The First Natchez War of 1716 was precipitated by the murder of four French traders by Natchez raiders from White Apple. Bienville, seeking to resolve the conflict, called a meeting of Natchez chiefs at the Grand Village of the Natchez. The assembled chiefs proclaimed their innocence and implicated the war chiefs of White Apple. The Choctaw assisted the French in fighting the 1716 Natchez War. After the 1716 Natchez War the French built Fort Rosalie near the Grand Village of the Natchez. The present-day city of Natchez, Mississippimarker dates its founding to the 1716 establishment of Fort Rosalie.

War broke out again in 1722 and 1723. Called the Second and Third Natchez wars by the French, they were essentially two phases of a single conflict. It began in the village of White Apple, where an argument over a debt resulted in the death of one of the Natchez villagers at the hands of a French trader. The French commander of Fort Rosalie merely reprimanded the murderer. Natchez warriors of White Apple, unsatisfied, responded by attacking nearby French settlements. Tattooed Serpent's diplomatic efforts helped restore peace. But within a year a French army under Bienville entered Natchez territory, intent on punishing White Apple. Bienville demanded the surrender of a White Apple chief as recompense for the earlier Natchez attacks. Under pressure from the French and other Natchez villages, White Apple turned the chief over to the French.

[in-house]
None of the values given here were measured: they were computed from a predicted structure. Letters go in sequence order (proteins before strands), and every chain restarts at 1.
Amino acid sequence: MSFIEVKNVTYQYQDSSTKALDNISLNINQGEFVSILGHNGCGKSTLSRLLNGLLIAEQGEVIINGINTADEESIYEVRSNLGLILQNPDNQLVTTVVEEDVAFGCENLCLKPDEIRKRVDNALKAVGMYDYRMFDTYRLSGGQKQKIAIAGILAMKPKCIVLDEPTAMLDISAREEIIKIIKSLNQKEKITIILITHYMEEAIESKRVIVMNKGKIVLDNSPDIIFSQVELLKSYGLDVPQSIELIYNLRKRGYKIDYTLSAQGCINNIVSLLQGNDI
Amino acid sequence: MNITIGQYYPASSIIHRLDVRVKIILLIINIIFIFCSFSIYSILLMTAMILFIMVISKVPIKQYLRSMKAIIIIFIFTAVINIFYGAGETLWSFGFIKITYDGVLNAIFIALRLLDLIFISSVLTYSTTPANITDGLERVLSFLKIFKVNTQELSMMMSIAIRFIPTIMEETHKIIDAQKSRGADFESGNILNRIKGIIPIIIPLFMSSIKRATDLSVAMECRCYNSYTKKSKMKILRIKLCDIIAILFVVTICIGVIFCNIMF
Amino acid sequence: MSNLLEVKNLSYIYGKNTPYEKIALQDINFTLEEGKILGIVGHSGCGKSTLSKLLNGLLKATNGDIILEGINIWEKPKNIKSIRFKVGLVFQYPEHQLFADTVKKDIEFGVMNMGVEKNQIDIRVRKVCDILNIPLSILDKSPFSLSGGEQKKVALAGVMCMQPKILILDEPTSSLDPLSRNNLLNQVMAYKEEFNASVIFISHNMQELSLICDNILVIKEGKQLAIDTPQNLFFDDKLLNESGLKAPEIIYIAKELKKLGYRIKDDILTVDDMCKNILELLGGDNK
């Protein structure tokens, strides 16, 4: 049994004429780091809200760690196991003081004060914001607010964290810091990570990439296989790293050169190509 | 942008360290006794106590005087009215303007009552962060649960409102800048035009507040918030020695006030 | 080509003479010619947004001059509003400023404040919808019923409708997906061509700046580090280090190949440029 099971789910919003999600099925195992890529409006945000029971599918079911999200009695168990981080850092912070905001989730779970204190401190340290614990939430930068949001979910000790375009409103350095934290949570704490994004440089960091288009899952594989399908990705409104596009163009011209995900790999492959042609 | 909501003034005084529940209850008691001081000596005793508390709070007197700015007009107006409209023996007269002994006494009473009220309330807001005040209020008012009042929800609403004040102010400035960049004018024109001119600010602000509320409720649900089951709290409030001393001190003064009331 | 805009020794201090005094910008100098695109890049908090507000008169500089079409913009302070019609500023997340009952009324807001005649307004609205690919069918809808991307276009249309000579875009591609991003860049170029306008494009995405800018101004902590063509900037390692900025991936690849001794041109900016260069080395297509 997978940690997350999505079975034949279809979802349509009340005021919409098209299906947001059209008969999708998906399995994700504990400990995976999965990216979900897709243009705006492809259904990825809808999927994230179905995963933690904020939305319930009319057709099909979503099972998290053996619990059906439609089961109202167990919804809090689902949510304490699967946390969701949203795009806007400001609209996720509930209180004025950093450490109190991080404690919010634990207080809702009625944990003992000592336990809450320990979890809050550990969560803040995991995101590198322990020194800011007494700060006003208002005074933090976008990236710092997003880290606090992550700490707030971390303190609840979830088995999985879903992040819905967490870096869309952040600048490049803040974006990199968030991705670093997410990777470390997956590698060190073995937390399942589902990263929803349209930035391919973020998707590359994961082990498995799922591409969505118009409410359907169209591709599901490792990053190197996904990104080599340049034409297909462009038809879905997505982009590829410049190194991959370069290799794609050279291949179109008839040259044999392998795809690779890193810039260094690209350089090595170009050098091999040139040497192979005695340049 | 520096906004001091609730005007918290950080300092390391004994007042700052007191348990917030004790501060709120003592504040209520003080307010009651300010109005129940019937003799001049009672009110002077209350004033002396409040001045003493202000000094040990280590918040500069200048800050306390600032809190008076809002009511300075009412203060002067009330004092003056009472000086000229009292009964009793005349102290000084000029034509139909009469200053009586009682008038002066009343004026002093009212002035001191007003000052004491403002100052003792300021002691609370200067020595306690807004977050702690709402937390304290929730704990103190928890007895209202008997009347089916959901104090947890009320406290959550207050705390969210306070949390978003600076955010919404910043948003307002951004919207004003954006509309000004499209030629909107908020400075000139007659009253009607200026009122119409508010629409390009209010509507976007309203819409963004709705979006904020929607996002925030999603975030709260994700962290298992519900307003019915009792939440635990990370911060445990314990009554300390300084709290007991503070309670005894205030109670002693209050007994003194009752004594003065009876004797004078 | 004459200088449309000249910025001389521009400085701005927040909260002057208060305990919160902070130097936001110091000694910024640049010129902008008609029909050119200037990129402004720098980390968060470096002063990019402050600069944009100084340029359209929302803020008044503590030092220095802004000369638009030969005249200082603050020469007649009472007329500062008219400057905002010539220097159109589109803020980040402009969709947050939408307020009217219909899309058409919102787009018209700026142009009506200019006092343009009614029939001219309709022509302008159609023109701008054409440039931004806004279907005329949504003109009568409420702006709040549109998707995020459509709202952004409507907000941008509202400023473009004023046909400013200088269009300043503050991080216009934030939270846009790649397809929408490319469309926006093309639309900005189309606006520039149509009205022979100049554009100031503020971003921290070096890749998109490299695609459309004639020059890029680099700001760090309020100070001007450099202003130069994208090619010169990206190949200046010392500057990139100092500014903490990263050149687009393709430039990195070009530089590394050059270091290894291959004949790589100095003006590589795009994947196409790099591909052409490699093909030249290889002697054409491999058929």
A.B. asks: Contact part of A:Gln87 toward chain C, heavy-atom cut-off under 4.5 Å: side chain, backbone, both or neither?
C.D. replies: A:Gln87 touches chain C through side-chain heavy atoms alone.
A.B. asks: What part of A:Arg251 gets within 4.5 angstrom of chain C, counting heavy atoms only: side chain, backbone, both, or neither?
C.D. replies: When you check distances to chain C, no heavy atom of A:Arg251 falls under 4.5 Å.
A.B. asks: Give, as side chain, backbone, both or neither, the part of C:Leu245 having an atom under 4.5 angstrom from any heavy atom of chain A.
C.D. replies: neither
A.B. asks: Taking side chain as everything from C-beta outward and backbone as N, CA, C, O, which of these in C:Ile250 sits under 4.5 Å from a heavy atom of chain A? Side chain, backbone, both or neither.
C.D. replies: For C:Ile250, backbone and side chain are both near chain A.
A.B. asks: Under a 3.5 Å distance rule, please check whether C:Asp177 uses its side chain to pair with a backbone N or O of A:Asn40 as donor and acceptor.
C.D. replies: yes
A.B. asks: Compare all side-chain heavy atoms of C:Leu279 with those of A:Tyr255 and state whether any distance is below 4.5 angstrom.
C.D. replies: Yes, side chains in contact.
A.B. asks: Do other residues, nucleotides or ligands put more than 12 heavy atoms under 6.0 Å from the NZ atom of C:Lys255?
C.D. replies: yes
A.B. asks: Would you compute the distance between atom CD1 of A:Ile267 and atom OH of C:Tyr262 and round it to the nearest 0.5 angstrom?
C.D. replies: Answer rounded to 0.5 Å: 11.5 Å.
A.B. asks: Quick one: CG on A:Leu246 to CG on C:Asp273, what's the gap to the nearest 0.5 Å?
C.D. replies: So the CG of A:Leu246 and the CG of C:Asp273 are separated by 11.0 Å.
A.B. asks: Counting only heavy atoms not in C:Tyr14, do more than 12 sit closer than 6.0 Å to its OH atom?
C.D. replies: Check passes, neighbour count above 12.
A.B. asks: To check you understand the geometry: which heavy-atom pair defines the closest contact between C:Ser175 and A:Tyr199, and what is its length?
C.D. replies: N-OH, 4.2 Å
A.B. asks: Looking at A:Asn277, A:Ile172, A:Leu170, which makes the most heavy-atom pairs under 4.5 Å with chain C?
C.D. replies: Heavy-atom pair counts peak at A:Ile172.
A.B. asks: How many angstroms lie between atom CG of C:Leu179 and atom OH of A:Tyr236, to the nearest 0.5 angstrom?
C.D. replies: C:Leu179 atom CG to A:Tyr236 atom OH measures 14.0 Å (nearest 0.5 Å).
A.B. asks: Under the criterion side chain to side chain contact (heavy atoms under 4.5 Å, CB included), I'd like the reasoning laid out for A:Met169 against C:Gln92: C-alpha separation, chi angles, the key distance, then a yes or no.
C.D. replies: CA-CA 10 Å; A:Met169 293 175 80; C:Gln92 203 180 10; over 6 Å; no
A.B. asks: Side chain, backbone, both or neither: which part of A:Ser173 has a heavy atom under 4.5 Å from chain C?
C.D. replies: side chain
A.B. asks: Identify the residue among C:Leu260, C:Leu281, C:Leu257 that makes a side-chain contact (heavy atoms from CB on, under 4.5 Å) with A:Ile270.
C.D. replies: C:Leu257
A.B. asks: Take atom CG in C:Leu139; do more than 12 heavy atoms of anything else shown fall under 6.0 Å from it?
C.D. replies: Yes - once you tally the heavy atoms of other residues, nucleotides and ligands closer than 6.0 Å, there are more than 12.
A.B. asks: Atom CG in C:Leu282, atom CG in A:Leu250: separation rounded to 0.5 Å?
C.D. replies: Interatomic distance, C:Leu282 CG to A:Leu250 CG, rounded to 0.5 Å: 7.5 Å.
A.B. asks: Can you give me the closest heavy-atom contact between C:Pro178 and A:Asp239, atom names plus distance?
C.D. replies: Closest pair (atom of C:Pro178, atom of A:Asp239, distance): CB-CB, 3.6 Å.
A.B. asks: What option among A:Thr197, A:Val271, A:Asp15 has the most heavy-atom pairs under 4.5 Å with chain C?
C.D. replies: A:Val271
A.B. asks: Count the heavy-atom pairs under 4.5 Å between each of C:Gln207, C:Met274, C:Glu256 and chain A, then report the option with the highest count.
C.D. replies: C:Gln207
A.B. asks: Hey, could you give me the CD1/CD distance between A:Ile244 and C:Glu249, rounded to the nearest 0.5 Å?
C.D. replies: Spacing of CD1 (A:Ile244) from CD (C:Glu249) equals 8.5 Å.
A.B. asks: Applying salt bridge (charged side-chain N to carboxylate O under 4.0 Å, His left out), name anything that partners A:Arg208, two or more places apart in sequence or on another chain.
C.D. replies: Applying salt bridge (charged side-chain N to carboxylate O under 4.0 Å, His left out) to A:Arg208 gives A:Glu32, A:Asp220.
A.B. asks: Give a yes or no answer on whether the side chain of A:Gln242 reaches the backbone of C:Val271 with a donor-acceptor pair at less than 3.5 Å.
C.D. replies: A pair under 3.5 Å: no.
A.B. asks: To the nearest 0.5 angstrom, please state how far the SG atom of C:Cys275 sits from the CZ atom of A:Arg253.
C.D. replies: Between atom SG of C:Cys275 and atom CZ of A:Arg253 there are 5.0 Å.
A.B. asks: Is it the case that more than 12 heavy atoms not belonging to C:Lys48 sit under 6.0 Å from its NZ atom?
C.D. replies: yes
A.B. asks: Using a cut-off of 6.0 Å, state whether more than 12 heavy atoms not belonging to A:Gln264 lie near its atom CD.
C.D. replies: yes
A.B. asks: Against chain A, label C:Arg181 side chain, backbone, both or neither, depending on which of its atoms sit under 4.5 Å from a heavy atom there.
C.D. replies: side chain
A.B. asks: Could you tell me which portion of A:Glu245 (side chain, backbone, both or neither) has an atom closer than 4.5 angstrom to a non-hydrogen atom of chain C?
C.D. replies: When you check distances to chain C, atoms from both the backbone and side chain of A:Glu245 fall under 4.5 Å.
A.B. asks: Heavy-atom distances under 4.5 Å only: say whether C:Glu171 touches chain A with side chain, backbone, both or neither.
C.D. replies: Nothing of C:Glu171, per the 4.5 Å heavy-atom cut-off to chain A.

Natchez Rebellion of 1729

In November of 1729 the French commander Sieur de Chépart ordered the Natchez to vacate the village of White Apple so that he could use its land for a new tobacco plantation. This turned out to be the last affront the Natchez were willing to take peacefully. The chiefs of White Apple sent emissaries to potential allies, including the Yazoo, Koroa, Illinois, Chickasaw, and Choctaw. They also sent messages to the African slaves of nearby French plantations, inviting them to join the Natchez in rising up against the French.

On November 28 1729, the Natchez attacked. Before the day was over, the entire French colony at Natchez was wiped out, including Fort Rosalie. Over 200 colonists, mostly French men, were killed and over 300 women, children, and slaves were taken captive.

In January of 1730 the French attempted to besiege the main fort of the Natchez but were driven off. Two days later a force of about 500 Choctaw attacked and captured the fort, killed at least 100 Natchez, and recovered about 50 French captives and 50-100 African slaves. French leaders were delighted, then surprised when the Choctaw demanded ransoms for the captives.

War continued until January of 1731, when the French captured a Natchez fort on the west side of the Mississippi River. Between 75 and 250 Natchez warriors escaped and found refuge among the Chickasaw. The young Great Sun and about 100 of his followers were captured, subsequently enslaved, and shipped to work French plantations in the Caribbeanmarker.